Explore the worldwide review app, Ample, which was created to "...help people find all sorts of establishments that are friendly to marginalized bodies," to see if there are any reviews in your area for physicians.
If you're unable to locate a doctor who utilizes the HAES approach, contact some doctors' offices ahead of time, and explain that you want to honor your wellness through health-promoting behaviors versus focusing on your weight - and you're wondering if the doctor will honor this approach should you become a new patient. You can add that you prefer not to be weighed. If the healthcare team indicates that this is a problem, then continue to look elsewhere.
When you head to your doctor's office, you can decline being weighed. Unless you have a health condition like heart failure or kidney failure in which you're tracking your weight for fluid fluctuations, you might as well ditch the scale at home as well to support your goal of making peace with food and your body.
If being weighed at the doctor's office, prior to stepping on the scale you can tell the health practitioner assisting you that you do not want to hear your weight - and do not want to read your weight on any paperwork that you are provided with at the end of your appointment. Step on the scale backwards to avoid seeing the number.
When consulting with your physician, if you are told to lose weight for your health condition, ask what the doctor would suggest to a person in a smaller body for the same condition. If you find that your doctor is not respectful of your desire to focus on health-promoting behaviors versus your body size and weight, consider looking for another physician. ALL bodies deserve to receive respectful, quality care.
If it feels right, explain to your fitness instructor that you enjoy taking the fitness class that's being offered, but the diet talk that's occurring during the class is very triggering. Express that you would appreciate it if it stops. Another option is to explain your concerns to the gym's management team.
Focus on things like becoming stronger, more flexible, and increasing your endurance versus focusing on your body size.
When it comes to reading, get rid of any weight loss/diet-y books in the house and replace them with the non-diet classics, Intuitive Eating, Health at Every Size, and Body Respect - followed by gradually adding to this list.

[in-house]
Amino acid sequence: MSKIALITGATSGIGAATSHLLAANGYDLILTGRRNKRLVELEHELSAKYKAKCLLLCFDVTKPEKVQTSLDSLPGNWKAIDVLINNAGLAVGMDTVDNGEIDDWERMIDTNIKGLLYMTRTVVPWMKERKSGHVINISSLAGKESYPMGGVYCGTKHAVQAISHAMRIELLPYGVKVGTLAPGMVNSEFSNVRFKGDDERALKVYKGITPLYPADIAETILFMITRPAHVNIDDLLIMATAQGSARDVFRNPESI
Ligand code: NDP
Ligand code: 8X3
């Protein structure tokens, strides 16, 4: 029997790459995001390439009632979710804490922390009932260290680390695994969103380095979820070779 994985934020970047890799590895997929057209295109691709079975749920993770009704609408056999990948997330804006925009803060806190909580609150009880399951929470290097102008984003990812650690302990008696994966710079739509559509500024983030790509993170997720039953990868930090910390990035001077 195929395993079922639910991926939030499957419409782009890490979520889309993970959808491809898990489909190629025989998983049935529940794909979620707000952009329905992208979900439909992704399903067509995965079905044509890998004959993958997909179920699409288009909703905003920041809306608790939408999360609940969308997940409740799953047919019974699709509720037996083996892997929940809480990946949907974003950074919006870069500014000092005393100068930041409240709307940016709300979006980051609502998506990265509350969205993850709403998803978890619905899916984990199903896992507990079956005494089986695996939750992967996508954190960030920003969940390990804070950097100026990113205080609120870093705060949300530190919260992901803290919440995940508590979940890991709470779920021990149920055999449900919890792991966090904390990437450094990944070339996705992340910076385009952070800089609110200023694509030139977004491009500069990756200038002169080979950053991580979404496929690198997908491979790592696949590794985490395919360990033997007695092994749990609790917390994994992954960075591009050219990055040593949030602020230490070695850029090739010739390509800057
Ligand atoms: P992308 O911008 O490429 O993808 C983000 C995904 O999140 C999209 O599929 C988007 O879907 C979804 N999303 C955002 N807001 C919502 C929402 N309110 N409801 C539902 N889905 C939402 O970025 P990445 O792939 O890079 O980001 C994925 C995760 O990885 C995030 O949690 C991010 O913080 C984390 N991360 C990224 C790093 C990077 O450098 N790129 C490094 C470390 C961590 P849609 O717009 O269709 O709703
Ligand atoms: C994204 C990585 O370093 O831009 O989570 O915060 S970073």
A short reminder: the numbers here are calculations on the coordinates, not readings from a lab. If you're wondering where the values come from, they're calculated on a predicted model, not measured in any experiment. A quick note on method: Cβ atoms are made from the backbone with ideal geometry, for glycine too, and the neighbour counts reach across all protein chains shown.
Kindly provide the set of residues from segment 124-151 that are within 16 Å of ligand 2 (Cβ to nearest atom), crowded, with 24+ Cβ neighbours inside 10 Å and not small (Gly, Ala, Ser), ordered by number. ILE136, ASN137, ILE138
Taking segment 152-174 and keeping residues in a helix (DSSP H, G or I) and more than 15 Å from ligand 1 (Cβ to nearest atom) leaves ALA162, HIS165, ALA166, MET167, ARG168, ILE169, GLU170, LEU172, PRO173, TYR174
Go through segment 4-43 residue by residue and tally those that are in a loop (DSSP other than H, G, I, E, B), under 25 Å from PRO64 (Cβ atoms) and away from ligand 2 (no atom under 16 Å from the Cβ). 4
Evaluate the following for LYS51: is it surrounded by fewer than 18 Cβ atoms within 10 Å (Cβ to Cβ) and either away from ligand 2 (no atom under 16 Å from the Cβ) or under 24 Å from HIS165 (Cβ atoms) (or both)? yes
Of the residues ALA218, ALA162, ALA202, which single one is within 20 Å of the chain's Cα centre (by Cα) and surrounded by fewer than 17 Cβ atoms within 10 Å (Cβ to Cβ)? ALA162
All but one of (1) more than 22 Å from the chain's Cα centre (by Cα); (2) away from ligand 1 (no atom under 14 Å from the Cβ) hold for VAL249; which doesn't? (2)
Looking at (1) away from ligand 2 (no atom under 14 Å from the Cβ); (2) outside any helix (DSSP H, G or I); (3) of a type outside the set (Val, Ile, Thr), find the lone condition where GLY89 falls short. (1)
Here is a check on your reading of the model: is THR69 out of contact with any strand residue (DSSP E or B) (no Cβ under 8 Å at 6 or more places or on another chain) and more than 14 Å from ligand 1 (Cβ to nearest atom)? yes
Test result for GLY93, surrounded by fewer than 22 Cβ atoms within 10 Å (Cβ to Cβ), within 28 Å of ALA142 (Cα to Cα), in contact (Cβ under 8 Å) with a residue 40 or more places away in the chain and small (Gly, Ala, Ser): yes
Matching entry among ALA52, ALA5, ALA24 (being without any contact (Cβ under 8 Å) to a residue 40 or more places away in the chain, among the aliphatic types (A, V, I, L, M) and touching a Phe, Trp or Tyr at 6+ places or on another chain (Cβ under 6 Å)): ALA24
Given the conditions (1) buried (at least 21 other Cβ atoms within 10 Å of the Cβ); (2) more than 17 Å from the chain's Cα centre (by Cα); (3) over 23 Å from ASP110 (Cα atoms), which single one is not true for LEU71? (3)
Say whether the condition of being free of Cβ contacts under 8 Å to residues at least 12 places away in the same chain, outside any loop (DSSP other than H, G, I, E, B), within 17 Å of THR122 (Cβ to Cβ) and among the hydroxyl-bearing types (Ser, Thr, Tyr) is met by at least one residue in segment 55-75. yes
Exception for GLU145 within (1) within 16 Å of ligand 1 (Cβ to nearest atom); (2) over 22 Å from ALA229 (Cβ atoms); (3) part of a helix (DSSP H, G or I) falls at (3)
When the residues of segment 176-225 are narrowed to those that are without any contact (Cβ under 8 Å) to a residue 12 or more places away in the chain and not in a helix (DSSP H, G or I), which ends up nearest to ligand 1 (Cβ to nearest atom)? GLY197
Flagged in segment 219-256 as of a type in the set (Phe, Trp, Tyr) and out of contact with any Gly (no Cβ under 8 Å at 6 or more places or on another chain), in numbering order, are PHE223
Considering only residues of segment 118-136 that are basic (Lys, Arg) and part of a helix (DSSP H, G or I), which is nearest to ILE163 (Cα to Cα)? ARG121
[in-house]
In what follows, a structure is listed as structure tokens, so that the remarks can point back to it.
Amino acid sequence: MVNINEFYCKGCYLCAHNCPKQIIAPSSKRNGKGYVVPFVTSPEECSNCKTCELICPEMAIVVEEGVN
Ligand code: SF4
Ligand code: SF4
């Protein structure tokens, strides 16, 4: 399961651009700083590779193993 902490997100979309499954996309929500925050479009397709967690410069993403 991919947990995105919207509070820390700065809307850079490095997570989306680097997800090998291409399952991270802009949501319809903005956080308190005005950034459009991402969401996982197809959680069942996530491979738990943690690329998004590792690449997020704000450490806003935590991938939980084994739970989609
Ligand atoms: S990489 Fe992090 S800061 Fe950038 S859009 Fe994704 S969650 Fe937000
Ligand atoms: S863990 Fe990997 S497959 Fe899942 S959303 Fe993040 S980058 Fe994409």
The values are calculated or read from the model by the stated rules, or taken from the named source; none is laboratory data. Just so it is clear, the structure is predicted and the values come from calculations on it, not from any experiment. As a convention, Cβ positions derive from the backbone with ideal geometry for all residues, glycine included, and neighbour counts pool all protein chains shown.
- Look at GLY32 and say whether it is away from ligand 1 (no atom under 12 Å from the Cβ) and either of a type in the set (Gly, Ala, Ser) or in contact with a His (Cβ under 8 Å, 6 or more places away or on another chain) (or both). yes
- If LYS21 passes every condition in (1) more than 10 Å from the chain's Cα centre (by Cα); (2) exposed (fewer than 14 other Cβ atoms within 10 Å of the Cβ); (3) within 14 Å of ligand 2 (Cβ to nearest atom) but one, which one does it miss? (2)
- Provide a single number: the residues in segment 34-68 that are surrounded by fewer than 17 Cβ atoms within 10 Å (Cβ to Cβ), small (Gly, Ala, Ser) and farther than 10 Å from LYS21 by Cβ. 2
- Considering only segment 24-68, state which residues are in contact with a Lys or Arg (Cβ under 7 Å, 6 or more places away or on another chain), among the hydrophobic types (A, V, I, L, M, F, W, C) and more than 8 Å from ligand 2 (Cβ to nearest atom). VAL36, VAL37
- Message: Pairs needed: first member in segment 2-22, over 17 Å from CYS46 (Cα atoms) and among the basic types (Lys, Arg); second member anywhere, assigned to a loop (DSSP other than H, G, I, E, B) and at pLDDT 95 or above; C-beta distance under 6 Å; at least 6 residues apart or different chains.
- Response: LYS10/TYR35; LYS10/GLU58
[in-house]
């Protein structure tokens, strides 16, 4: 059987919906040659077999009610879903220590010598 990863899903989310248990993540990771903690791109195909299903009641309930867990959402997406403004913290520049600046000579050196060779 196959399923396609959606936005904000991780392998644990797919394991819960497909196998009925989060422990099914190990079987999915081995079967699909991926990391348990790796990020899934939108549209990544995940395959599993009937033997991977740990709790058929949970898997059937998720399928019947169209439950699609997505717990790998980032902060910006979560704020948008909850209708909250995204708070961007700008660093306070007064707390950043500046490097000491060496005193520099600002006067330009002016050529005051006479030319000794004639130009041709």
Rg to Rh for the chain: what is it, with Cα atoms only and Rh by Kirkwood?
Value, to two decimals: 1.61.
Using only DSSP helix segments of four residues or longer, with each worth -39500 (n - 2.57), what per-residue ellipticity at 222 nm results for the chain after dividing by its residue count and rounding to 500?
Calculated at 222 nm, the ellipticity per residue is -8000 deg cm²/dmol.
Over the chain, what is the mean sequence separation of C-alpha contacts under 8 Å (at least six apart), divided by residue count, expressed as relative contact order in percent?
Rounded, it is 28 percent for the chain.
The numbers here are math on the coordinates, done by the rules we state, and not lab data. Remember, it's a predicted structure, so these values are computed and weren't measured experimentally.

Need some fiction book ideas? Check out these books that contain plus-size characters.
Time to relax by watching some TV or a movie? Ditch the weight loss-related shows, and check out shows like 'Salt, Fat, Acid, Heat,' which promote the joy of eating and cooking.
Follow the social media accounts that make you feel good about yourself, and unfollow those that don't.
Check out these fabulous non-diet podcasts to keep your momentum going.
Learn how to talk about Intuitive Eating with others and how to navigate diet talk - so that you can set your boundaries and ask for the support that you need. I provide some tips for doing just that in my blog post, "Obtaining Support During Your Intuitive Eating Journey."
Whether you're investigating a restaurant for yourself or for others, research the restaurant ahead of time on the Ample app or the new mobile app, All-Go, to clarify if it will be comfortable and accessible for people of all shapes and sizes. All-Go is based in Oregon, but is looking to expand its services. Here's a video about the All-Go app if you would like to learn more.
If you are unable to find reviews about the accessibility of a restaurant online, call the restaurant and speak with the manager about whether or not there are sturdy chairs without arms, booths with moveable seating, and wide aisles.
If there aren't wide aisles, but the seating sounds satisfactory, you could try to reserve a table at the very front of the restaurant to avoid walking through many aisles.
I hope that you have found this information to be helpful. The bottom line is that ALL bodies are good bodies - and are worthy of being treated with respect, love, and care. If you feel like you could benefit from receiving more personalized assistance, work with a Certified Intuitive Eating Counselor. There are terrific dietitians, therapists, and other health professionals who would love to partner with you along the way.
To learn more about the virtual nutrition counseling that I provide, click here.